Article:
There’s been some fuss about the new iMac Pro not being upgradable, but I think that misses the point. It is, after all, an iMac in essence. Albeit a fast one. And so the real question is not, why isn’t it upgradable for the pro? Rather, the question is, who is this kind of Mac aimed at and what signal does it send about Macs of the future?
The first thing to know about this new Mac is that it’s designed for users who require great performance out of the box. It’s not aimed at engineering users who, at first glance, want to go after it with a screw driver. Those institutional and small business users are likely to appreciate the convenience and sheer power and will likely buy it in the configuration they need. After all, how many consumers on a budget are going to anguish between a $5K and a $7K decision?
While many observers lament that this Mac can’t be tinkered with, because of its “pro” moniker, it’s important to remember those users who appreciate this kind of equipment. Over at TechCrunch, Matthew Panzarino properly and smartly points out in this great article:
The [Apple] messaging was interesting to me. It was absolutely, clearly, a love letter to developers. Most of the Mac and iOS developers I know use iMacs or MacBook Pro machines – especially given the limited nature of the Mac Pro as it exists now.
It certainly feels to me that the criticism about the iMac Pro’s lack of upgradability is a conceit that overlooks the focus of a powerful Mac, the promise that it presents and the assuredness that the coming Mac Pro will be the machine directed towards the tinkerers. “Apple Continues to Work on All-New Mac Pro With Upgradeable Design.”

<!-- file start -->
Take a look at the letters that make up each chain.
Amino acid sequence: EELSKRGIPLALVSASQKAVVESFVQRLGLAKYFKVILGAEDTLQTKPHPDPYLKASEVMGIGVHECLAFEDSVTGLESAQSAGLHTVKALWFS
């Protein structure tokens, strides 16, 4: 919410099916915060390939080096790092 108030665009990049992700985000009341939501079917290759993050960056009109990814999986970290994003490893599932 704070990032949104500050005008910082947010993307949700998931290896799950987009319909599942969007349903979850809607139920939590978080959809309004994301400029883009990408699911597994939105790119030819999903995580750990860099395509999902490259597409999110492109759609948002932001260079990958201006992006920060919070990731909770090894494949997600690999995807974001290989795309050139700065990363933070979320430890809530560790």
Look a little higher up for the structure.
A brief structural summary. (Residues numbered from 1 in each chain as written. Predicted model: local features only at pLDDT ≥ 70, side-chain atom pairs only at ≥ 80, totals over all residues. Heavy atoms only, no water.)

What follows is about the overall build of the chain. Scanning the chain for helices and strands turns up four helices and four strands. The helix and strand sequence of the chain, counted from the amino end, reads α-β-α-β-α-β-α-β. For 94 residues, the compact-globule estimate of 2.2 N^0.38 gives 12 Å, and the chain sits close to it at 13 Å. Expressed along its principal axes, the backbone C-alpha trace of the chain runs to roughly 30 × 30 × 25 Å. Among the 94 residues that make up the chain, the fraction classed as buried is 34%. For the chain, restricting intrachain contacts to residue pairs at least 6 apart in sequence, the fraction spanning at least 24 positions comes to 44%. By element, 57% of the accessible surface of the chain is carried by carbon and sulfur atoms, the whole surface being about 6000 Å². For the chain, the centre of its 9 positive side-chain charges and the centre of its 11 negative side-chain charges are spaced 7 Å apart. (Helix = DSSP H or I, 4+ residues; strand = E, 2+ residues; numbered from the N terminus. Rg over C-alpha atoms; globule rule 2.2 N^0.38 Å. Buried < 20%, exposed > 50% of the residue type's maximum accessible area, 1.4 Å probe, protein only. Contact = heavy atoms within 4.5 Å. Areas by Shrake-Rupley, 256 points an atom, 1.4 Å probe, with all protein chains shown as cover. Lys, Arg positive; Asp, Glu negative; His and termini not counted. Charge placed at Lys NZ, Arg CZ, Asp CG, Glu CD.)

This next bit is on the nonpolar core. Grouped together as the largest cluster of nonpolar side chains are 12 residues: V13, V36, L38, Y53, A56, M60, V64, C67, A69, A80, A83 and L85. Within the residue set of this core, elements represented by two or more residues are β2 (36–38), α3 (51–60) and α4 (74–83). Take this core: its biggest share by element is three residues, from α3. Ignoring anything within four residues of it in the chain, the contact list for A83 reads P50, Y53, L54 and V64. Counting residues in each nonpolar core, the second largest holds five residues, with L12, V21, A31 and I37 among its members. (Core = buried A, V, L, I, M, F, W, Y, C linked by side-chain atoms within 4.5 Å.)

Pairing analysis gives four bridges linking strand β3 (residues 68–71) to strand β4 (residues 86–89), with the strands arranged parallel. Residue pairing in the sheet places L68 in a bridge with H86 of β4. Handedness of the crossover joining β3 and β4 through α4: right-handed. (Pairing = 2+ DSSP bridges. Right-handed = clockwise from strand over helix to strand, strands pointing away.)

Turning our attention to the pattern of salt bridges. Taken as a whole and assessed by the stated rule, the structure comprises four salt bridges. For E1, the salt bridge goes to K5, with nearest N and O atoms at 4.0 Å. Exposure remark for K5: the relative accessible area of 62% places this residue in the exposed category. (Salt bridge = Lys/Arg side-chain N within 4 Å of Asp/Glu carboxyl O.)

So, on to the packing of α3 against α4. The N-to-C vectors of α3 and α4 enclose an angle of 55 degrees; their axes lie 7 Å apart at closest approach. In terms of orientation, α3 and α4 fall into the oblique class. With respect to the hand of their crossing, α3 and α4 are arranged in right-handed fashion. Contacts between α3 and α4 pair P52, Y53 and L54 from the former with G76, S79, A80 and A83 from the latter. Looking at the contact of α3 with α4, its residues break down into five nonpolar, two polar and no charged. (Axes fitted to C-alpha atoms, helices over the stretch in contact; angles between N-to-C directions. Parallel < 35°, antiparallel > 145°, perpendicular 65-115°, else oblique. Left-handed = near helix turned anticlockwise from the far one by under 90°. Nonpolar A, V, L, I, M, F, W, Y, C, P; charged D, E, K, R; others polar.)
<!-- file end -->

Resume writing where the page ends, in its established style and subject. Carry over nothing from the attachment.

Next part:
Another conceit that’s easy to float is that Apple doesn’t understand it’s customers and uses marketing hype to make up for defects in the design of a new Mac. Nonsense. Again, the Matthew Panzarino article (above) clearly lays out the case that Apple knows exactly the kind of customer who needs and will love a machine like this.
The Giant is Awake
This Mac suggests that the sleeping giant is awake. The strides made by Apple’s competitors during the Dark Mac Years (2015-16) suggest that Apple is just getting started with a new era of Mac thinking. The Mac Pro, which is likely to appear in 2018, is probably not the end of the story. Most assuredly, the 2018 Mac Pro will be expensive. However, the Mac revolution won’t end there.
The bigger story is that Apple now feels that the role of the Mac can’t be fulfilled without a focus on sheer computational power. Enterprise, government and military users got tired of cute Macs without a lot of power. Given that an iPad Pro or even an iPhone has enormous computational power, it only makes sense to reinvigorate the Mac line as a family of very, very fast and capable machines that just can’t be duplicated any place else, by any other platform. And can do things no iPad Pro can do.
And so I expect this thinking to extend to the MacBook Pros as well. Following this logic that a headless Mac Pro will be a virtual supercomputer, what might be in store for the next Mac mini could also be a pleasant surprise.
It’s going to be an exciting next few years with the Mac. Some Macs will remain aspirational for the average consumer, but Apple is also smart enough to present us with an invigorated line of Macs that traditional customers can afford. The jazz of the best, most powerful Macs will inspire us all to upgrade to the best possible place in a spectrum of new, very fast Macs with amazing capabilities inherited from the top of the line.
The iMac Pro isn’t the end; it’s the beginning of the new Mac thinking. I can’t wait.
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